Holy $#!+, an actual Second Printing post! Hello, gang.
I've been away, looking after my baby, building a shed and other things, things that took me away from comics and the internet. But the shed is built, the baby's being looked after, and other things can go insert themselves in dirty places. I want to talk comics.
I'm sure I mentioned a few months ago (a few looong months ago) how I was trade-waiting for Blackest Night, and even though I was guaranteeing that I was going to buy it, I was in no way shape or form guaranteeing that I was going to love it, or like it even. In fact, I was kind of dreading the experience as much as I was anticipating it. I mean, more undead superheroes? Sigh. And this was before I knew that Barry Allen and Ray Palmer were so prominently featured (never were there two more boring characters...)
I've written a long-form review of the Blackest Night hardcovers (which we'll link to when it's posted) and so as not to repeat myself too much, I have to say I bloody well loved it. To be honest it's competing in my brain right now with my favourite EVENT comics of all time.
What I didn't say in my review, which I'll say here, is how much I like these sort of "compartmentalized" events, EVENTS which are triggered by the events in one title or another, drawing the heroes of the universe together. That doesn't happen too often, as normally an EVENT is created to have an EVENT for EVENT (and sales boon) purposes. So major cudos to Geoff Johns for his cunning planning and deft execution here.
While it's frustrating to yet again end an EVENT with the lead in to more things happening (Brightest Day, in this case) the EVENT of Blackest Night does seem to resolve what was set up for it to tackle. Nekron's defeated, the dead are totally departed and (for better or worse) some lost loved ones have returned.
Back in April I absorbed all the Green Lantern and Green Lantern Corps trades which followed the Sinestro Corps War (where I left off) and I was enthralled by the "rainbow lanterns". Johns expertly transformed that story into the event of Blackest Night, separating the event into one book and the relevant "rainbow" stuff into the main Green Lantern series concurrently.
Johns really seems to understand, at least with Green Lantern, how to ebb and flow his grander storytelling themes, how to pull back and let the sea quiet down (ala Secret Origins post-Sinsestro Corps War) and then slowly build up the rolling waves until they start to curl upon themselves and crash into the rocks. I'm seeing that even more clearly having already started Brightest Day before reading Blackest Night, and realizing the previously lamented zero issue actually serves a purpose, at least in Johns' scheme of things. I can see what he's building with Brightest Day... not clearly mind you, but I can see that wave forming in the distance that's going to come crashing down on us in 9 months' time. While I've not been reading Green Lantern monthly, I can tell by the solicits for the upcoming months that there's a wave building there too, surrounding the emotional avatars (Parallax, the Predator and others Johns has created to serve as new mythologies in the DCUniverse, where once the Lords of Order and Chaos or the siblings of Death, Destruction, Dream, etc. held sway).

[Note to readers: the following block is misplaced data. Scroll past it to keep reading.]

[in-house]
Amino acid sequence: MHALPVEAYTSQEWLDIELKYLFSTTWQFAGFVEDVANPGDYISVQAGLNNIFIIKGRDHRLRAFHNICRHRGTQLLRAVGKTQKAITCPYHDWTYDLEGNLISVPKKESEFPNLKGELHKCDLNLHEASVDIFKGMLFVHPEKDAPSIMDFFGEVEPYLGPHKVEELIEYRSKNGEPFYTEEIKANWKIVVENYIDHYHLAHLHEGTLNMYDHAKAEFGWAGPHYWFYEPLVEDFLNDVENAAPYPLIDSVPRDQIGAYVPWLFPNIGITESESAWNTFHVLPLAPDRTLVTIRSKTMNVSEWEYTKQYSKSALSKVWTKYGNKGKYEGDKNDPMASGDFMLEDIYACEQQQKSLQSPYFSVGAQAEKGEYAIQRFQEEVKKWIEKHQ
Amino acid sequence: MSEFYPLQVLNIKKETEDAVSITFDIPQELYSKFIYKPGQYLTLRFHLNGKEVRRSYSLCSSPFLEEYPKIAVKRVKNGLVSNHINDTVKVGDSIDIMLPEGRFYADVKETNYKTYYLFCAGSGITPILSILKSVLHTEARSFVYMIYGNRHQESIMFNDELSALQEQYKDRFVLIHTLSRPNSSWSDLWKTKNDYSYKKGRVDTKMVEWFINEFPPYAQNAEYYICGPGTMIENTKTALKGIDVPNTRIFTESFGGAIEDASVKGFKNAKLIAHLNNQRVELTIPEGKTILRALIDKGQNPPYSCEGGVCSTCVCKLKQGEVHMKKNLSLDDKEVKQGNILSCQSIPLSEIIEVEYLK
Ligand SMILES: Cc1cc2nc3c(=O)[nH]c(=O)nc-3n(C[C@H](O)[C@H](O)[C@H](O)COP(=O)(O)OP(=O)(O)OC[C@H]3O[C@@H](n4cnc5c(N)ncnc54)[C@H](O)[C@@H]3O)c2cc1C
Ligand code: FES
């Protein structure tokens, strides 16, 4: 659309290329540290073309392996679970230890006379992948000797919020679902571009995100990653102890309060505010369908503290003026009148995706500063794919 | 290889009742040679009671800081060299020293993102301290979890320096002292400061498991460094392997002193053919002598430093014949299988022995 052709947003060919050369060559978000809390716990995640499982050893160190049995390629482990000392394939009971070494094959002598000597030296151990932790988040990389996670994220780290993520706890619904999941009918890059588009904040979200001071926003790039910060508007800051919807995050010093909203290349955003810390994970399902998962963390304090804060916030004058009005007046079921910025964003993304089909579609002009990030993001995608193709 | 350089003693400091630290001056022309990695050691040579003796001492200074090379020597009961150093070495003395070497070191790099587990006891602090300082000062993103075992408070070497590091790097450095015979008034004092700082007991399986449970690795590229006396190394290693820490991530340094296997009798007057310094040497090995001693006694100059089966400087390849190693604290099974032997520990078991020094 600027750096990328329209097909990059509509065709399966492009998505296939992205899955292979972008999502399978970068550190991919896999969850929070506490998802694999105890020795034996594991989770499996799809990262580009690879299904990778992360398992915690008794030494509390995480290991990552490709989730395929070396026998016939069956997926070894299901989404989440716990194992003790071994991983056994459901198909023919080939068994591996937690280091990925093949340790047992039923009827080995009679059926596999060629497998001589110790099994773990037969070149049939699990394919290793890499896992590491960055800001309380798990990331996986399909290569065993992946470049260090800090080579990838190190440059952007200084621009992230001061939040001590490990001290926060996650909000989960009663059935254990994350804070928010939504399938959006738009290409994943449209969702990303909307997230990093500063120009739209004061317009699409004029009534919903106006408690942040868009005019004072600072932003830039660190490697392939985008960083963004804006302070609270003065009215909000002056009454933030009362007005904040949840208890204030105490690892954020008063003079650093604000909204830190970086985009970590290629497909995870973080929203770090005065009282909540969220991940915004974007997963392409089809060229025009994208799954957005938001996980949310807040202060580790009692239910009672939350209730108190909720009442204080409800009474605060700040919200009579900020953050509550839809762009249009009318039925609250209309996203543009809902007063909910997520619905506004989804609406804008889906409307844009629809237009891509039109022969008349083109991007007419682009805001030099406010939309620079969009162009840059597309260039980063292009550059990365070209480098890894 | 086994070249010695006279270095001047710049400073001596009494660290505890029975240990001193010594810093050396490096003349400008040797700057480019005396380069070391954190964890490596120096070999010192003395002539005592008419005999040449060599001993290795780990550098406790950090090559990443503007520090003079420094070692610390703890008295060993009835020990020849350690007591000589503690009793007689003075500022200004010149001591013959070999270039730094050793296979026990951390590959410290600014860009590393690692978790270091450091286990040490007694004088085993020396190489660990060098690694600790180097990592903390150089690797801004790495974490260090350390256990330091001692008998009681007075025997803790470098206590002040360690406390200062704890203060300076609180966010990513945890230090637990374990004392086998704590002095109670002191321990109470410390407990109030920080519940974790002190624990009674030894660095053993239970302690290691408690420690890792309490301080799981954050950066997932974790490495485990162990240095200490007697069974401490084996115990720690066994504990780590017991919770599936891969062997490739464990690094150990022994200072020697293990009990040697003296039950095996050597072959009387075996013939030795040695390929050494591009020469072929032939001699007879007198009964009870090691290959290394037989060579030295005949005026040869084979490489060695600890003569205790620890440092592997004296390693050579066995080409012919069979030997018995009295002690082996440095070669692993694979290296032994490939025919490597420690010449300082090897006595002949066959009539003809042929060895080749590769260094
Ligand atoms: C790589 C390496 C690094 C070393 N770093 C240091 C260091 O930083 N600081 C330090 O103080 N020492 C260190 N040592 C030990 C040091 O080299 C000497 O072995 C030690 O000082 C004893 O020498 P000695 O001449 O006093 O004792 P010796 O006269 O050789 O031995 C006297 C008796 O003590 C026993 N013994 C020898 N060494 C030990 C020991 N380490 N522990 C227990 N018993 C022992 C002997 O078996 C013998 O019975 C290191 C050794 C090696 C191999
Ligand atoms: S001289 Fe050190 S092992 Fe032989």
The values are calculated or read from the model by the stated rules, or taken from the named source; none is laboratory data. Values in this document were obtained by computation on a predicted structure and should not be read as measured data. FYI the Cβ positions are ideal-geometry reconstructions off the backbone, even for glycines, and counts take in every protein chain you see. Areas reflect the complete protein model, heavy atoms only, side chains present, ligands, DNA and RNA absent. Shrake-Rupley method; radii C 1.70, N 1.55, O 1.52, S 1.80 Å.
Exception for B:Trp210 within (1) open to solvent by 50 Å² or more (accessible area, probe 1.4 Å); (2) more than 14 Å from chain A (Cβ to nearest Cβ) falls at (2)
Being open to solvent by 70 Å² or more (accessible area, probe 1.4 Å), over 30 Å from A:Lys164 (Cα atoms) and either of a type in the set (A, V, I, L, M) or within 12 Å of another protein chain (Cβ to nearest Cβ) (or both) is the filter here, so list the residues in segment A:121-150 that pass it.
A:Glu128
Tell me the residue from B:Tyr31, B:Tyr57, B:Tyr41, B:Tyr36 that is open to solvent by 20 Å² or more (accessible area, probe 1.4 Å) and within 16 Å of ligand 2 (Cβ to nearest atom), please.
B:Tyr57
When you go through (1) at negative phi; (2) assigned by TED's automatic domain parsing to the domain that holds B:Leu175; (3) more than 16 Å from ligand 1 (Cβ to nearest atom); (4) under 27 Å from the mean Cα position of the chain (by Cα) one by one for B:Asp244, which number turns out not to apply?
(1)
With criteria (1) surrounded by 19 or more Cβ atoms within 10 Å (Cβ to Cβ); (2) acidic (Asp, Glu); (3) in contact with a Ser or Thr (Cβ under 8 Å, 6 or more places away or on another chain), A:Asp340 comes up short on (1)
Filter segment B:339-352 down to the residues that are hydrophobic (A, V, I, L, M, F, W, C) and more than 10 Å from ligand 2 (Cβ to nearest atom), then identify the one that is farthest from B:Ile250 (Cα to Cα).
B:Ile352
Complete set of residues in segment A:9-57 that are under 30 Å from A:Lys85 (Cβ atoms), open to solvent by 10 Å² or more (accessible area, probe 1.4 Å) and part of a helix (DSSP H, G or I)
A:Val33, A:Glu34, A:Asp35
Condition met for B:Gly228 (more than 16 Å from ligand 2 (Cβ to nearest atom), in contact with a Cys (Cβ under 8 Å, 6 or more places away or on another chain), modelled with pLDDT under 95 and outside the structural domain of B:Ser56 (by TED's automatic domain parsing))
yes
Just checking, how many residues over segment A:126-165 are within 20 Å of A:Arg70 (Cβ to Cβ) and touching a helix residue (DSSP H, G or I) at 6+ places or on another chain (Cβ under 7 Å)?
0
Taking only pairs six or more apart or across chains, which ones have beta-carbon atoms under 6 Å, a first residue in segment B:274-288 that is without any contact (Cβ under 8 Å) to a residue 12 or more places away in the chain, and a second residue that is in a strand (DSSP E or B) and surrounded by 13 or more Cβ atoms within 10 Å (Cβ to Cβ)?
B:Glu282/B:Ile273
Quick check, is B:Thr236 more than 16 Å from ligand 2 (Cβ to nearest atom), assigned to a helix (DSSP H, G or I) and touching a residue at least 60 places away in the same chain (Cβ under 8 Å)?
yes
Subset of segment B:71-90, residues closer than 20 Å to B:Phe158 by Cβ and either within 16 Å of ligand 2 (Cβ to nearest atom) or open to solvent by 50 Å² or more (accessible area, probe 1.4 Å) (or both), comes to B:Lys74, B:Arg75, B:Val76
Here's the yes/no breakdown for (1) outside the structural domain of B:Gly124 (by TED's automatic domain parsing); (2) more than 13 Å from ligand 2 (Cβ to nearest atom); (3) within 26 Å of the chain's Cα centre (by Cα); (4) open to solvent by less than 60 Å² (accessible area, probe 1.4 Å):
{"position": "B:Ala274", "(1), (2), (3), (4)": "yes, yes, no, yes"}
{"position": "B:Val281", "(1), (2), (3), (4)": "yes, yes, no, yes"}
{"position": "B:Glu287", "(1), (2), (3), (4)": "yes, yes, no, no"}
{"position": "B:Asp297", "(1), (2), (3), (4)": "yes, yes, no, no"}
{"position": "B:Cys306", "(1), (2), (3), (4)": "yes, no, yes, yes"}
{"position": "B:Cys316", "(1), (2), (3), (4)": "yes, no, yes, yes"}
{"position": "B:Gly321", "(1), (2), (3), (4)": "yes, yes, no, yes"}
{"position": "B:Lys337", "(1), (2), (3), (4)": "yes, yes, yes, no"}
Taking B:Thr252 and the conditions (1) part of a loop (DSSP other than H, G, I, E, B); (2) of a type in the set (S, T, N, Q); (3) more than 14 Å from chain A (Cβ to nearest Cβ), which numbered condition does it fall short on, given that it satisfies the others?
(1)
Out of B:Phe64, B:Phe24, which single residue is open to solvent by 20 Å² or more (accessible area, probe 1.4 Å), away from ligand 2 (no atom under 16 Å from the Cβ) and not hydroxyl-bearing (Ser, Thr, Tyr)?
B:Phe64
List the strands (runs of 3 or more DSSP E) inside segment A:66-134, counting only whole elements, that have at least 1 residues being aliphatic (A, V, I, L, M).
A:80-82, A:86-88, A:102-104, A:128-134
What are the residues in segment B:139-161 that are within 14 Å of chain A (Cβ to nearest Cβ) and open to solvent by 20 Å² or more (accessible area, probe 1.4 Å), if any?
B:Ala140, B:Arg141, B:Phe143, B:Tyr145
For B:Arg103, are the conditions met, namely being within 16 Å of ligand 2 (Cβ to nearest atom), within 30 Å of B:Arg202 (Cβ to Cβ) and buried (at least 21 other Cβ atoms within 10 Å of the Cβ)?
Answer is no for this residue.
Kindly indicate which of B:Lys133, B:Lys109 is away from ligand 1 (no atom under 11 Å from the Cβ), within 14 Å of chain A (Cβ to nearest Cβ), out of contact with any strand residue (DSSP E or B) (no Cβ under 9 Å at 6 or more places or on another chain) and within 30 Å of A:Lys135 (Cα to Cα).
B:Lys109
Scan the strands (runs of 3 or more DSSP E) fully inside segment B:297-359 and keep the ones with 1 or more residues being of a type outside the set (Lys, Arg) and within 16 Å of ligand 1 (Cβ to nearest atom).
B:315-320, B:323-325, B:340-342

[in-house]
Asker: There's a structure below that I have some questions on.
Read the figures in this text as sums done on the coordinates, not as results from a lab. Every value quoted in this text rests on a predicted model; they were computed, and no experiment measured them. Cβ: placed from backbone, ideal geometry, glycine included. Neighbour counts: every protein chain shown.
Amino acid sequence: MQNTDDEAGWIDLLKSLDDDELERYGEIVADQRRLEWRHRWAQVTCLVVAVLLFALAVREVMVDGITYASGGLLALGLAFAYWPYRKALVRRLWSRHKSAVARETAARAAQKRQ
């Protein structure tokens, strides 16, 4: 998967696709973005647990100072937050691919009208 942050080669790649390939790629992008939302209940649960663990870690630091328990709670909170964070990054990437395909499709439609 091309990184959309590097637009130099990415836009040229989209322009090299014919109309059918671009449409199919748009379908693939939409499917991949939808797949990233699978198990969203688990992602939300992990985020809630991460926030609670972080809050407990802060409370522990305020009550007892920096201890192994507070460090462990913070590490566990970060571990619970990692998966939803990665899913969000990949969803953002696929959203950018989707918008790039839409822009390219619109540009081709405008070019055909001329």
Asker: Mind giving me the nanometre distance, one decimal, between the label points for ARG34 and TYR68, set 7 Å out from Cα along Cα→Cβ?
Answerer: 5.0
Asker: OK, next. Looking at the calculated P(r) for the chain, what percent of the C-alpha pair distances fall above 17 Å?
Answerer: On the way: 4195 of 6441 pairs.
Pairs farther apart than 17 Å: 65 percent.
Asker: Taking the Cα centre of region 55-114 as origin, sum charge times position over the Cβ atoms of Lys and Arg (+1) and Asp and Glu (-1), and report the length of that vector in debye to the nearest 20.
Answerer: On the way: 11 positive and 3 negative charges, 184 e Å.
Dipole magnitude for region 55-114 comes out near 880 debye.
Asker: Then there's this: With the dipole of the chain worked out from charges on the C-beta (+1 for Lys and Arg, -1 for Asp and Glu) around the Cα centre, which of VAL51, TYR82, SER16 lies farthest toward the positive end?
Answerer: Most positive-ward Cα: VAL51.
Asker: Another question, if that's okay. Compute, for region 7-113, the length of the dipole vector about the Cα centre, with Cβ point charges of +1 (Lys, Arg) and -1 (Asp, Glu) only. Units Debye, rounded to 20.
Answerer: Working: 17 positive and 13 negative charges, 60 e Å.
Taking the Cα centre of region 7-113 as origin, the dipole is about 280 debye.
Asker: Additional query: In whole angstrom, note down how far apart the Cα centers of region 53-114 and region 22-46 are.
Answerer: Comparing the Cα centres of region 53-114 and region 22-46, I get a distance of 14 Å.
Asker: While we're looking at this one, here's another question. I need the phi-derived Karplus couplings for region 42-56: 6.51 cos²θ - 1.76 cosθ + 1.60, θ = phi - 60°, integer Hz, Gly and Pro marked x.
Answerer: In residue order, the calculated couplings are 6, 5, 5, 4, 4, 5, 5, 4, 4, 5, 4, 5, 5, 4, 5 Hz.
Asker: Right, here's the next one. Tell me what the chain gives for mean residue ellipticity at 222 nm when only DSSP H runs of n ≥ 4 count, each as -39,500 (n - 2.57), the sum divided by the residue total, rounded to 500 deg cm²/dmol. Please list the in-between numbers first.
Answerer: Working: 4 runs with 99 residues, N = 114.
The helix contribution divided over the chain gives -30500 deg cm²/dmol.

The one thing I need to get over is that there may be no endgame to all this. Storytelling in monthly comics is always meant to go on, and on, and on. There are copyrights to maintained after all. But I hope, that in the scheme of things, Johns has a definitive end for himself, to let himself off the hook, rather than wind up in an X-Files situation of years of plodding nonsensical randomness.
I'm still wavering on where to place Blackest Night in the hierarchy of DC's event books, but here's my current hierarchy (did I miss anything? Are 52 and Countdown considered events?)
1. Final Crisis (I'm a Morrison whore, and I won't apologize for this)
2. 52 (ingenious)
3. Blackest Night
4. Invasion (a perennial favourite, and still an incredible read)
5. Crisis on Infinite Earths (the originoo, doesn't read all that well, but looks phenomenal)
6. Underworld Unleashed (actually one of the best-reading events)
7. Legends (a well-written, if low key event, introducing the bright and shiny new DCU of 1986)
8. Armageddon: 2001 (a definite guilty pleasure)
9. Infinite Crisis (largely flawed but a valiant attempt at recalling the feeling of the original Crisis)
10. Final Night (a relatively uneventful event, but sweet and meditative)
11. Identity Crisis (fin-headed arse-rape aside, a pretty intense read)
12. Day of Judgement (Geoff Johns first attempt at an event... completely unexciting but great Matt Smith art)
13. DC 1,000,000 (okay, I'm not *that* big a Morrison whore, not when Val Semieks is involved, at least, ugh)
14. Bloodlines (I have a lot of affinity for loser characters, and this event created dozens of them, plus Hitman)
15. War of the Gods (another Wonder Woman-related snorefest)
16. Zero Hour (oh my word, this doesn't hold up at all)
17. Eclipso: The Darkness Within (once beloved, now reviled after a recent re-read)
The Plain Awful:
18. Amazons Attack (so dreadfully mishandled, how can something with such delicious ingredients taste so awful)
19. World War III (extremely poorly executed aside to "52", will be forgotten)
20. Millennium (welcome to dullsville, population: you)
21. Countdown (the horror...)
22. Genesis (almost completely forgotten now, as it should be)
Our Worlds At War (I just didn't bother).